The 2014 World Cup will be remembered for a range of contrasting incidents and matches with the emergence of James Rodriguez as a genuine World Class striker, the 5-1 defeat of Spain by Netherlands and the Luis Suarez bite among the most prominent. However, those four goals in less than seven minutes during the 7-1 victory by Germany against Brazil may be the most abiding memory in the long term.
Luiz Felipe Scolari’s team were already trailing 1-0 to a Thomas Muller goal before that seven minute spell and onlookers could barely believe what they were watching as Germany appeared to score at will against the pre-tournament favourites. Scolari subsequently resigned after a further 3-0 defeat in the third and fourth placed final, but for Brazilian football, the scars will remain for some time.
Brazil had won the Confederations Cup during the previous summer and were viewed as lively contenders to lift the trophy in the Maracana Stadium in front of their fanatical fans. A series of indifferent performances in the group stage and further close matches in the knock-out phase suggested that this Brazilian outfit could still win the tournament but they were by no means a vintage squad.
The panache and flair of previous generations was absent to be replaced by a functional team bearing characteristics of the need to survive in European football. So many of the Brazil team are now based in Europe that many of the basic attacking instincts engrained into their mindset are deemed unnecessary especially in games requiring team work, helping defensive colleagues and preventing the opposition from playing.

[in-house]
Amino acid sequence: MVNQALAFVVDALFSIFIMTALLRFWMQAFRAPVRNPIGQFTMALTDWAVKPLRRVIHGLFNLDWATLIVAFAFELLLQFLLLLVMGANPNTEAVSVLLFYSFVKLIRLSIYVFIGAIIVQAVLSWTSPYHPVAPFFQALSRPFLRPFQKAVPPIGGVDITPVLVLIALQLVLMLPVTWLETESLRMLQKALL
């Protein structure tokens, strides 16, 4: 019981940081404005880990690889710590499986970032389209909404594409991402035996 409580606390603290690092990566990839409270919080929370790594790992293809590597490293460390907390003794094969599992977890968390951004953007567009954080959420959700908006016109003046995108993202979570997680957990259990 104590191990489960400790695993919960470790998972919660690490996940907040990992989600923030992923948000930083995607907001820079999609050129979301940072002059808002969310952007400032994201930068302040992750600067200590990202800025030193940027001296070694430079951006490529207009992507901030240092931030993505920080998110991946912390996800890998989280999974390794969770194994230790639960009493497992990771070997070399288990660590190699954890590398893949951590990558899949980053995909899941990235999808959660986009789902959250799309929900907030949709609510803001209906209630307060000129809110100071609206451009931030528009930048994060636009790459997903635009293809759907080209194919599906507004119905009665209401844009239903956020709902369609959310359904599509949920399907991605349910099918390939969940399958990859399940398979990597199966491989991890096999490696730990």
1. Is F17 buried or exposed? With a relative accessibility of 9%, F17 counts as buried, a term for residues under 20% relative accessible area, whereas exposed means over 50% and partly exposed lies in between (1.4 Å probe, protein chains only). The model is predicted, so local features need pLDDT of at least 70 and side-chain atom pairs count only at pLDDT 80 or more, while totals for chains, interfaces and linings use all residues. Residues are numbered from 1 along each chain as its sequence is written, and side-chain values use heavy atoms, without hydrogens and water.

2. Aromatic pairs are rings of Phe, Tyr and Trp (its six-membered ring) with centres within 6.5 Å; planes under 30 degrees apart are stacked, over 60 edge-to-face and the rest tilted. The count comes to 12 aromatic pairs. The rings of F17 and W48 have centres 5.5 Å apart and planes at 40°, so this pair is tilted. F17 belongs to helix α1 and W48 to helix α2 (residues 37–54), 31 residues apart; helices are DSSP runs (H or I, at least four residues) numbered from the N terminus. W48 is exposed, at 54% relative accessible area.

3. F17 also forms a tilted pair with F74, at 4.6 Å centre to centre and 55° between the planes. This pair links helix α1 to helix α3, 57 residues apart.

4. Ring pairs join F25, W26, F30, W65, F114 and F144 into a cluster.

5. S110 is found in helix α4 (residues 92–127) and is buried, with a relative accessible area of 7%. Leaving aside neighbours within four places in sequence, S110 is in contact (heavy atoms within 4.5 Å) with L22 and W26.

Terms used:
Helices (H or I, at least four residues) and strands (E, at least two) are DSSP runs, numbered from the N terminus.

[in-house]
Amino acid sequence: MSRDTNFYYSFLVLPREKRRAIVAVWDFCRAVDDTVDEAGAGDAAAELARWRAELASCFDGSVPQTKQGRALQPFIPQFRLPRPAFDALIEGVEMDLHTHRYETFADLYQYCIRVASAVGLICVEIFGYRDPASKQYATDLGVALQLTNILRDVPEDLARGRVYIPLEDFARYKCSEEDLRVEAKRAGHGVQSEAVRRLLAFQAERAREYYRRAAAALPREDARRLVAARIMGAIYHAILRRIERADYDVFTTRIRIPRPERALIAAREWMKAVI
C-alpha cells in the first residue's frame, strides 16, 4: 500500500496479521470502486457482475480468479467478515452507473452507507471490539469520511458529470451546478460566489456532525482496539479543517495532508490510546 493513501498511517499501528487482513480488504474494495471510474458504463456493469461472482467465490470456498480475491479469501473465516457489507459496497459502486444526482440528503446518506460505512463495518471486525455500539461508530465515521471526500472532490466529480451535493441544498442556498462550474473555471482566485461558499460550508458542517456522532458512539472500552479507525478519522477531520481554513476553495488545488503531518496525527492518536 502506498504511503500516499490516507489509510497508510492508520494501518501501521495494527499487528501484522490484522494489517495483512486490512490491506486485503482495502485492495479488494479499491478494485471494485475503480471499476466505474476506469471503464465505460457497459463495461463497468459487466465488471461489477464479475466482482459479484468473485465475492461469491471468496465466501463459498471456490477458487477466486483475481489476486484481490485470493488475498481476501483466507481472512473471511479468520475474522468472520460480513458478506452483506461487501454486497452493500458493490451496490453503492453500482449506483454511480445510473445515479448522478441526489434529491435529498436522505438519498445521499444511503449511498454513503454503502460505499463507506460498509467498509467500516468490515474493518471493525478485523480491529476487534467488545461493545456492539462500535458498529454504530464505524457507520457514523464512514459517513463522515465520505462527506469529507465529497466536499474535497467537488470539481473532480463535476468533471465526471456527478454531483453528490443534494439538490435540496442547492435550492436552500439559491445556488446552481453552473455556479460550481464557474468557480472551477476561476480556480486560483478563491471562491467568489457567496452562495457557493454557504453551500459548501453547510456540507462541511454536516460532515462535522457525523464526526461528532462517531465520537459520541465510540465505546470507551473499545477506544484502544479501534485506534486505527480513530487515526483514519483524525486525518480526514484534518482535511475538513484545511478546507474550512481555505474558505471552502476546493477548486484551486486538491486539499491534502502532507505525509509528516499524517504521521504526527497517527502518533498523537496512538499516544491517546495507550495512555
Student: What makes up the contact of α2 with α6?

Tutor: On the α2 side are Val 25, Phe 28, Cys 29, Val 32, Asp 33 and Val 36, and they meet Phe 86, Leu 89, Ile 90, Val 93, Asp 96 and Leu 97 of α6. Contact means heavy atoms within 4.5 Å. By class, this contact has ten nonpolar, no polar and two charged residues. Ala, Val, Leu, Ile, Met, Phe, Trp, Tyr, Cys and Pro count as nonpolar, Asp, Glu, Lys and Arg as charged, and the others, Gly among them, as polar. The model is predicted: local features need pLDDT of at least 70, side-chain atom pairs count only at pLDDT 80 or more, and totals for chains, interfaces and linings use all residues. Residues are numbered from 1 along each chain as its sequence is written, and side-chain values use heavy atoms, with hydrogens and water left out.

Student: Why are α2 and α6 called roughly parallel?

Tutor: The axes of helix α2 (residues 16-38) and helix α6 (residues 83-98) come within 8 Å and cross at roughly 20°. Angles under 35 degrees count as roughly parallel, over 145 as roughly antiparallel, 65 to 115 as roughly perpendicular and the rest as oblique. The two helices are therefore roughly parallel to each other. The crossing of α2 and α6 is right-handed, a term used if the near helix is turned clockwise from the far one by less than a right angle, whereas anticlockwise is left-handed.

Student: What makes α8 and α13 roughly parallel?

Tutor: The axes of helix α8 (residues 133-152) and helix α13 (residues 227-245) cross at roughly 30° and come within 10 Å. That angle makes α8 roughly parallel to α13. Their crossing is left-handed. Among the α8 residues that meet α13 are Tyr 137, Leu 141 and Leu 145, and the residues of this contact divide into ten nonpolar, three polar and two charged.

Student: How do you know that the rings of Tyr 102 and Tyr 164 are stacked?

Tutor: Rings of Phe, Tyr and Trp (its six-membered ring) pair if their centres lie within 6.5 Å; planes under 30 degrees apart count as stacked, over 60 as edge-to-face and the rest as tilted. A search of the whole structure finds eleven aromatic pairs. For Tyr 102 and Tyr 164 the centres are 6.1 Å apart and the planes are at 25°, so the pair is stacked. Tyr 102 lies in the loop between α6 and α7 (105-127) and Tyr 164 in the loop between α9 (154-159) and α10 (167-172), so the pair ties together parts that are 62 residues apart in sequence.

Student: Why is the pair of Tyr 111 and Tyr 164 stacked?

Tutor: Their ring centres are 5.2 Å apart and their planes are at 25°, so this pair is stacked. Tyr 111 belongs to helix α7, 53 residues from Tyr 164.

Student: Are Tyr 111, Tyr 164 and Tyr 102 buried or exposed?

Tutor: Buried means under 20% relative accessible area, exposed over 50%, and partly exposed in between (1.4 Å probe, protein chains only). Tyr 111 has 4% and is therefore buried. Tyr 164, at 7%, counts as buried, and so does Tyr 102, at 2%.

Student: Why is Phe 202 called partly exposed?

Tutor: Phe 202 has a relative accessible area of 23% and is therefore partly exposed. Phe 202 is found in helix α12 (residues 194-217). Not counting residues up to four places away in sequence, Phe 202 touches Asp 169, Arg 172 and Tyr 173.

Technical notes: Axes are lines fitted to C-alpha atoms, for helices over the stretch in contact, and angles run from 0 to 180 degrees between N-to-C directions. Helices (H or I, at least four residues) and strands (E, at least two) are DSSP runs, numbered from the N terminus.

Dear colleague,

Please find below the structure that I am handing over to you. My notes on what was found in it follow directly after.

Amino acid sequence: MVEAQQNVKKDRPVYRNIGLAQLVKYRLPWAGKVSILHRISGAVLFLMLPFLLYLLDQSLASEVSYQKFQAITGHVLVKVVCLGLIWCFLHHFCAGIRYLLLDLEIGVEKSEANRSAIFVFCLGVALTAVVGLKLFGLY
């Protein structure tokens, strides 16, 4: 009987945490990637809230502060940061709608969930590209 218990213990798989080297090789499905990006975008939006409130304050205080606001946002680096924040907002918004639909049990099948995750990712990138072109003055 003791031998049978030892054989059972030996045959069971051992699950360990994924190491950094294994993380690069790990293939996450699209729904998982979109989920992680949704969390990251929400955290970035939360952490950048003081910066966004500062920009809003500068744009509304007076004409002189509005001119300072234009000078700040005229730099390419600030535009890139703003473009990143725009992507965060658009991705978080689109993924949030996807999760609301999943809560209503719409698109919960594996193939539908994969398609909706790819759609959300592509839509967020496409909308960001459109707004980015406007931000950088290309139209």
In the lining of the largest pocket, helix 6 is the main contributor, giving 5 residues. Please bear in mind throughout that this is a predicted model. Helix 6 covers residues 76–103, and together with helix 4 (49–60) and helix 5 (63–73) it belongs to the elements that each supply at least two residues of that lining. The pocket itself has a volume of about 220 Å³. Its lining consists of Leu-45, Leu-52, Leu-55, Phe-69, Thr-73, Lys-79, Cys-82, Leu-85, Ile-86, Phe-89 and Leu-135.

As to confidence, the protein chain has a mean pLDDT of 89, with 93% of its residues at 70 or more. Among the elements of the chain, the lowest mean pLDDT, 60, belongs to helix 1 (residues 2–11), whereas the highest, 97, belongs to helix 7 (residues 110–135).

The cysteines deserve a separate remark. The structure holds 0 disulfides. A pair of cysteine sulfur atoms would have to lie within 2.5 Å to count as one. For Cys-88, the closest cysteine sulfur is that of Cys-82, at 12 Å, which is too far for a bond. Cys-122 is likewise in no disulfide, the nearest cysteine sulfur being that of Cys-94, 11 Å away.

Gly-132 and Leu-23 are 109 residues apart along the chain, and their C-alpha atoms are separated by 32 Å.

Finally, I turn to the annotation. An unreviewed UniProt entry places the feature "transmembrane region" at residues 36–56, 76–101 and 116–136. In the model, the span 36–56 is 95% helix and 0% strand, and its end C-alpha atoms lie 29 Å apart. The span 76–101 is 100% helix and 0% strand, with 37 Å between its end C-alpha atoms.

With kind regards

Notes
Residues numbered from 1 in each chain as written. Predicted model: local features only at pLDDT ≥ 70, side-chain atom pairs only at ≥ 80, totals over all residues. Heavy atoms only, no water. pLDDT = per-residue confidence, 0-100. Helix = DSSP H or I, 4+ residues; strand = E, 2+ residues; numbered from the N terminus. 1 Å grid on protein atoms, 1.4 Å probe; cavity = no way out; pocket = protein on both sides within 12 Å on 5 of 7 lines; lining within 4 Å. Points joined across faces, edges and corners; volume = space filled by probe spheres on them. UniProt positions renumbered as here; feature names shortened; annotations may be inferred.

Several of the Brazilian players do possess flair which was occasionally used during the tournament but the creative passing and body swerves of a bygone era were sadly lacking in a squad which seemed over reliant on Neymar to produce that one special moment.
Perhaps the lure of professional contracts in Europe is also a factor in Brazil losing that element of surprise at an international level. World Cup tournaments were always viewed with anticipation at the thought of a several new Brazilian samba stars emerging, but nowadays there is rarely any novelty in the constituent members of the squad. The characteristics of the players are well documented in the months prior to the tournament.
The Brazil squads of 1970 and 1982 were cavalier in their approach to football and the latter was deemed to be the best team not to win the World Cup, but subsequent years have witnessed an erosion of those values with more emphasis on merely winning games.
Sadly, the squad which competed in their home tournament was far removed from the players of previous decades and had not learned to play as a team in adversity while lacking the flair to change the course of a game when necessary.
For now, the 7-1 thrashing by Germany will live in the memory of many Brazilians but it may also provide a watershed moment in offering the opportunity of returning to more traditional values in the wake of that defeat. This may be a long term vision but any successful implementation may help to heal those deep wounds and restore the reputation of a battered football nation.